Those who advocate beginning the sermon with a reading of Scripture point to the apostle Paul’s instructions to his protégé Timothy in 1 Timothy 4:13, “Until I come, devote yourself to the public reading of Scripture, to exhortation, to teaching.” They argue that Paul says there are three key elements in a sermon—reading of scripture, exhortation (application) and teaching (explanation). Dr. Steve Lawson presented this approach in a recent Institute for Expository Preaching that I attended. H.B. Charles, Jr, presents the same idea in his book, On Preaching: Personal & Pastoral Insights for the Preparation & Practice of Preaching. Lawson and Charles both feel that the sermon should start with the reading of Scripture.
In his book and video series, 7 Laws of the Learner: How to teach almost anything to practically anyone, Dr. Bruce Wilkinson compares teaching and preaching to fishing. In fishing, you don’t throw a brass hook into the water. You bait the hook to attract the fish. In the same way, you don’t throw a brass hook into your audience when you preach and teach. You don’t start with the Scripture and expect people to be interested. You capture the audience’s attention and make them want what you are offering before you start teaching.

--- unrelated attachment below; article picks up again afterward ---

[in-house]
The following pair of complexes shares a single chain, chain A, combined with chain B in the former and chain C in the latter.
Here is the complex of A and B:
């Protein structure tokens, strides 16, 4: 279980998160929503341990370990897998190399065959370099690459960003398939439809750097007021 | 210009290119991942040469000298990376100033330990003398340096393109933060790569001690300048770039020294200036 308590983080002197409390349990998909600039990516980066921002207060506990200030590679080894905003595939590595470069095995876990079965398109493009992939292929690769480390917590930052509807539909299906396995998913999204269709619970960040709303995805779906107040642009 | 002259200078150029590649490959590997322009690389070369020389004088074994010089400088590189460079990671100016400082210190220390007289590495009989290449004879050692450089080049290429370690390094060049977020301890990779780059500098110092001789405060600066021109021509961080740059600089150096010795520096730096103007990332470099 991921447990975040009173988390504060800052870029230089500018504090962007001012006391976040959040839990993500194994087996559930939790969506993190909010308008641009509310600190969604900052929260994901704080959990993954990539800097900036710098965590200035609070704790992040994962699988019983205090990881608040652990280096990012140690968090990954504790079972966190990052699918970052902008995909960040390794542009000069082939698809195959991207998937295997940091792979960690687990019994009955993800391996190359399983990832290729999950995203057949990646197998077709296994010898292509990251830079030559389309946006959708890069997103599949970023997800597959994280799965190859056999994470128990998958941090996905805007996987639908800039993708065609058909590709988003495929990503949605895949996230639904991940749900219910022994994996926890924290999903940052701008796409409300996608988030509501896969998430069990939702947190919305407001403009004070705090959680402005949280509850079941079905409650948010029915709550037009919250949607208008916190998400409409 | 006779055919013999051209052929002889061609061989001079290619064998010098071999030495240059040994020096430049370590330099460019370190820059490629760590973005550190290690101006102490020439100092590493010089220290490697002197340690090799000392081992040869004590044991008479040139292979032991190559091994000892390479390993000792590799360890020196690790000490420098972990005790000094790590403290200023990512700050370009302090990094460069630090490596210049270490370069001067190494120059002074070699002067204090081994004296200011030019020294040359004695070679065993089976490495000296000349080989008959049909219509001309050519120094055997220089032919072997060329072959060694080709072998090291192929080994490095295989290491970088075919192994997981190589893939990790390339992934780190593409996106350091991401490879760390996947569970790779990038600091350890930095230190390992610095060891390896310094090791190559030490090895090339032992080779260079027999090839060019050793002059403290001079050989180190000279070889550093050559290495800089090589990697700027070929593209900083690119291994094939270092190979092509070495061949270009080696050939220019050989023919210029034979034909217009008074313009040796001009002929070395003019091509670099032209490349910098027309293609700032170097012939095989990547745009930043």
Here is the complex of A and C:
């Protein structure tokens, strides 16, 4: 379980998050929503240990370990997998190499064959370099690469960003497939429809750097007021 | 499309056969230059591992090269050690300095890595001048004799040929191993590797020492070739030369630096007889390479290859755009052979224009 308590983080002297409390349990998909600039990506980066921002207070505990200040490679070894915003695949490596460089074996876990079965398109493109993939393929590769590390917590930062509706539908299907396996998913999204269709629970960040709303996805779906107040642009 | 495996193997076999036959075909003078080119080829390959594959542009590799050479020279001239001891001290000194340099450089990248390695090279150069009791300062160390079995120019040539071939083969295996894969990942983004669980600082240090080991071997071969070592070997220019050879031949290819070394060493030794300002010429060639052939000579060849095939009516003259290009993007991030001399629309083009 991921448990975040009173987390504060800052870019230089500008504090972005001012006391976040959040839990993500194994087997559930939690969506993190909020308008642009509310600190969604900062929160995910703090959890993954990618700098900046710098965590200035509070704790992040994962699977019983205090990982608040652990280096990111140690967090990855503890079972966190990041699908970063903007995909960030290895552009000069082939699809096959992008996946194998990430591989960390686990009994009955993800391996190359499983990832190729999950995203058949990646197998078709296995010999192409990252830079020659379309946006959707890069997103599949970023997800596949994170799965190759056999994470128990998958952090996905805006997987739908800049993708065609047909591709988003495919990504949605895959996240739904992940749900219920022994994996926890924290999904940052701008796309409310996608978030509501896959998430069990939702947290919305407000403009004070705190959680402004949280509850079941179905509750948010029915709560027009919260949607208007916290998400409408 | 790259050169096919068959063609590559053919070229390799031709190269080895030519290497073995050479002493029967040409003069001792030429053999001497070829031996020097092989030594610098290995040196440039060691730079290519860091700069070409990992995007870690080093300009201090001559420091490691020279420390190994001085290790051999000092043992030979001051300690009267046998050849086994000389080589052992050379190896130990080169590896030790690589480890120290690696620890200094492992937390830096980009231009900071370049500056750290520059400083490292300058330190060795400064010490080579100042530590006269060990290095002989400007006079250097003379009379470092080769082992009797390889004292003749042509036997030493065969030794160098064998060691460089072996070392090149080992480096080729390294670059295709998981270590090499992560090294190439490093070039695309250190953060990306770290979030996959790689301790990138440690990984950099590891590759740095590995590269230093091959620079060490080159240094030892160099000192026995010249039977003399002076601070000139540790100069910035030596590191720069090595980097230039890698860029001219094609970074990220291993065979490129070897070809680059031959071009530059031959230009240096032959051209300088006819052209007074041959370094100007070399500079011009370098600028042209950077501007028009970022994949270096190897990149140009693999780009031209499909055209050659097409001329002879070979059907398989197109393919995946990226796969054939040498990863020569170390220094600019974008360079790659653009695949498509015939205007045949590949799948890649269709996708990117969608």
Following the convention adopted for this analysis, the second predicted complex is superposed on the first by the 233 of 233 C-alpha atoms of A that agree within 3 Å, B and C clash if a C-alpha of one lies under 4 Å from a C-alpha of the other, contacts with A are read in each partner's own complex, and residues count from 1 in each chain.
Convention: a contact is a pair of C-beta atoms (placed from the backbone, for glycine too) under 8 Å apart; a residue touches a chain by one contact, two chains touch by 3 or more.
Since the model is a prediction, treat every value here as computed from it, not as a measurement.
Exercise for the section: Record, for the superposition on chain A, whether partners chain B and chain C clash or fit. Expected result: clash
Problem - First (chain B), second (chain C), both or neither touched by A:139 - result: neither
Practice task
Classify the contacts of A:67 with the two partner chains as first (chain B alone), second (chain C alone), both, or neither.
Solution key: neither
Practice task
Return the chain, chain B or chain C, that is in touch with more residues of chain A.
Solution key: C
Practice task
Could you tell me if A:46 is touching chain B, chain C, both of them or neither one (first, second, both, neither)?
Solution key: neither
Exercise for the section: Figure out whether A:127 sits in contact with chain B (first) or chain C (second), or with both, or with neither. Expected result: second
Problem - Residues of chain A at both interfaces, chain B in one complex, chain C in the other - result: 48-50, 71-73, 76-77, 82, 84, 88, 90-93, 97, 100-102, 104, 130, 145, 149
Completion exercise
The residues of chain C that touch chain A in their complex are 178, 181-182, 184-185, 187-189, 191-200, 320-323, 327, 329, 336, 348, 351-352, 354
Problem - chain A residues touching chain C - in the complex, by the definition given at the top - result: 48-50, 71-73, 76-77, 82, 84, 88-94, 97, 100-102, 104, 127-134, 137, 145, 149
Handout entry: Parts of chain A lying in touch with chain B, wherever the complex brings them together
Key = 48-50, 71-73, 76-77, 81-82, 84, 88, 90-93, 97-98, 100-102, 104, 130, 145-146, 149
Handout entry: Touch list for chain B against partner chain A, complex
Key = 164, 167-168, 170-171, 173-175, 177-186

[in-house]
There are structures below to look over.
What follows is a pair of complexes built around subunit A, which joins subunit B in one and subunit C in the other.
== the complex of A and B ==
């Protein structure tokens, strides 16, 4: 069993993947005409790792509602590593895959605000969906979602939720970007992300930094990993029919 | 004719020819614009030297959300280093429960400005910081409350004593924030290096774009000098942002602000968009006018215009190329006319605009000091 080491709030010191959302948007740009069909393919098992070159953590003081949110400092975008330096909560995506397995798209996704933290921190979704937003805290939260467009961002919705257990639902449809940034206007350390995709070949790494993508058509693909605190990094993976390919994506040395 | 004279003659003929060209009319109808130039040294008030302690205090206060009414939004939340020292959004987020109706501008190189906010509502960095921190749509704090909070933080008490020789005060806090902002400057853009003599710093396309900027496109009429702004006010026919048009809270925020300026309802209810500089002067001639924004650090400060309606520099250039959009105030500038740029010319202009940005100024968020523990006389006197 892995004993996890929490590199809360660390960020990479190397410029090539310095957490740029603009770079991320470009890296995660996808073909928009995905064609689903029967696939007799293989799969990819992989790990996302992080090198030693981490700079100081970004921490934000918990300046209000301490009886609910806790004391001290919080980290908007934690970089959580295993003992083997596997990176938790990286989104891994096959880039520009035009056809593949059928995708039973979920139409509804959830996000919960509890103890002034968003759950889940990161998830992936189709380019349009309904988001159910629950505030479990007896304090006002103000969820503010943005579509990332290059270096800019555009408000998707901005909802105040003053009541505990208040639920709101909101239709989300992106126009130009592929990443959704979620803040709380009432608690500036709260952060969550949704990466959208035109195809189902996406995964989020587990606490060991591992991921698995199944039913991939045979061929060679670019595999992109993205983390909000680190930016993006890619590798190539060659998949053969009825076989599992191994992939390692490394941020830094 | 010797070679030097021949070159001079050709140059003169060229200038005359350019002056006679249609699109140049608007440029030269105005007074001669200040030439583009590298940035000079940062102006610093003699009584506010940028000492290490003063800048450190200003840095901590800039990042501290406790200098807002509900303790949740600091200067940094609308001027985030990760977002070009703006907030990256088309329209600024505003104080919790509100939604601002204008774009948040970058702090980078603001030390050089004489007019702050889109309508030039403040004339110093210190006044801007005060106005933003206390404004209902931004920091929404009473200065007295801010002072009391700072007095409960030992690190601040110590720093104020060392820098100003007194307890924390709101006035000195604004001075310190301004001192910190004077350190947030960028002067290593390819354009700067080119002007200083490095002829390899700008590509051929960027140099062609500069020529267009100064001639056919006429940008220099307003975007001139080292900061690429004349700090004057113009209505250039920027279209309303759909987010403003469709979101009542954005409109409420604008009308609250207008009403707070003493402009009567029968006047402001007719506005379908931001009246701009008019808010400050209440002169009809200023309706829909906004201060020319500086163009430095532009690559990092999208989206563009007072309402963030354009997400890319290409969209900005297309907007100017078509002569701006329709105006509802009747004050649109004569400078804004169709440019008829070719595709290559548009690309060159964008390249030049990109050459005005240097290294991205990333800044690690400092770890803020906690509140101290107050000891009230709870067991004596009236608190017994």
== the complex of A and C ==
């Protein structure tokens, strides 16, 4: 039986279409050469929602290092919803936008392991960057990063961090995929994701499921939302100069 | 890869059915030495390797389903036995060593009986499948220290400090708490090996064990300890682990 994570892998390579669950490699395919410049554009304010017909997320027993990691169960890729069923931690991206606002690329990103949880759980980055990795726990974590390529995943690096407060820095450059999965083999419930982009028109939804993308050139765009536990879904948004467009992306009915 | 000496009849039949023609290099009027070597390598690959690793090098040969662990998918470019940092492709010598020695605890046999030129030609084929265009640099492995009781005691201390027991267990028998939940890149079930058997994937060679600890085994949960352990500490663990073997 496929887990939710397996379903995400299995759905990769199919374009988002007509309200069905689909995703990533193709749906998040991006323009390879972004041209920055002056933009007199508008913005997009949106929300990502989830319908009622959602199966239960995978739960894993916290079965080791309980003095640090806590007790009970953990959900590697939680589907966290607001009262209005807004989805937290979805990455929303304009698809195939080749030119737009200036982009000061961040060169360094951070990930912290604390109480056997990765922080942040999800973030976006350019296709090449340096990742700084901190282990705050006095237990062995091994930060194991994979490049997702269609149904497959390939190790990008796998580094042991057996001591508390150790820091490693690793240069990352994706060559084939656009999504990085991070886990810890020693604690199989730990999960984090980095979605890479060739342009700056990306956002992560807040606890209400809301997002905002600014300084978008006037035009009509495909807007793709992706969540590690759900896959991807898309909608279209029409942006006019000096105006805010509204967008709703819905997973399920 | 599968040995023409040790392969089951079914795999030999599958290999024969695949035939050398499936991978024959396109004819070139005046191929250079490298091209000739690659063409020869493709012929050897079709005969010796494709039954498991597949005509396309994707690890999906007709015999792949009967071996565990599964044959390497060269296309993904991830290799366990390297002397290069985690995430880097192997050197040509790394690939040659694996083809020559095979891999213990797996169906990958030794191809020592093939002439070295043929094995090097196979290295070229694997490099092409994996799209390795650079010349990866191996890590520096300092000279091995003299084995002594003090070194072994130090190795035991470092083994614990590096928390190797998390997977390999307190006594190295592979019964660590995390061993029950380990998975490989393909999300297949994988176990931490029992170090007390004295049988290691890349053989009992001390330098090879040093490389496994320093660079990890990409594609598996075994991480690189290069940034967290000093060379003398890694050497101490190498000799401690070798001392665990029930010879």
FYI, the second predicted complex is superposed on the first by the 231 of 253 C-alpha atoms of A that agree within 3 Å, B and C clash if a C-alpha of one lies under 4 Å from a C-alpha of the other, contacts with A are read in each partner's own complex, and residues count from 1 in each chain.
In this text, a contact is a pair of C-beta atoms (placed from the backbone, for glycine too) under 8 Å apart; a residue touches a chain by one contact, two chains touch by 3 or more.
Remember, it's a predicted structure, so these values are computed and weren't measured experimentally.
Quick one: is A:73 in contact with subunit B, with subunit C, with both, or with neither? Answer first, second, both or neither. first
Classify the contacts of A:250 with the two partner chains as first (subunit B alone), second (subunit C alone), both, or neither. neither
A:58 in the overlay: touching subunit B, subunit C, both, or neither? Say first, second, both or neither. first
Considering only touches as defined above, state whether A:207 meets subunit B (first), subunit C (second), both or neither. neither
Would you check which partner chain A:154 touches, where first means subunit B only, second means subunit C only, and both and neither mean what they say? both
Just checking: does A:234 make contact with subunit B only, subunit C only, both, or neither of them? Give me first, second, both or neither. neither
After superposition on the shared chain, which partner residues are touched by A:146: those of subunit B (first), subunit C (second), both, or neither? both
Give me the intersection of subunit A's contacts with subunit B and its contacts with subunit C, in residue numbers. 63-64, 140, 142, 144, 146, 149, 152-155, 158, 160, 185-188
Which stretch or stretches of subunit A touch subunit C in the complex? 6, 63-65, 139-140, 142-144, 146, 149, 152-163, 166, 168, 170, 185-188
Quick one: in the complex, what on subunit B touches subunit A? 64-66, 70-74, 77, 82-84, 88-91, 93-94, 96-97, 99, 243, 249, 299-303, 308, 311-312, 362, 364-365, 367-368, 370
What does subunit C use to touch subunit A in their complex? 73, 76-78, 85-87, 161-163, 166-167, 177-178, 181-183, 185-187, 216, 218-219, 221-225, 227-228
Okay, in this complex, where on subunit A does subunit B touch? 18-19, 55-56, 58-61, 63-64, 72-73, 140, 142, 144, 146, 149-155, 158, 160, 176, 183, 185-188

While I have used both methods over the years in my ministry, I much prefer the latter approach. I tell a story, ask a question, make a statement, quote a well-known person, raise an issue, state a problem, or create a felt need before I explain that the Scriptures answer the question, address the issue, solve the problem, or meet the need. I want to capture the congregation’s attention before I show them that the Bible has the answer. Prof. Howard Hendricks used to say, “You can lead a horse to water, but you can’t make him drink … but you can put salt in his oats.” I want to whet my audience’s appetite and create a desire to listen. I want to make them thirsty for what God will say to meet their need.
I do agree with the three-fold elements of preaching in 1 Timothy 4:13. I just don’t feel they have to be done in that order. I start with an engaging introduction. I then read the Scripture passage so the congregation can see it in context. As I teach or preach through the passage, I reread the verse or paragraph. By the end of the message, I will have read the passage out loud two or perhaps three times. I have a very high view of Scripture and I strive to keep it at the center of my preaching.
I also strive to balance explanation with application. The Scriptures were not given to communicate doctrine. They were given to change lives and equip people for service (2 Timothy 3:16-17). As D. L. Moody said, “The Scriptures were not given for our information, but for our transformation.
I believe the process is more effective if you start with a baited hook.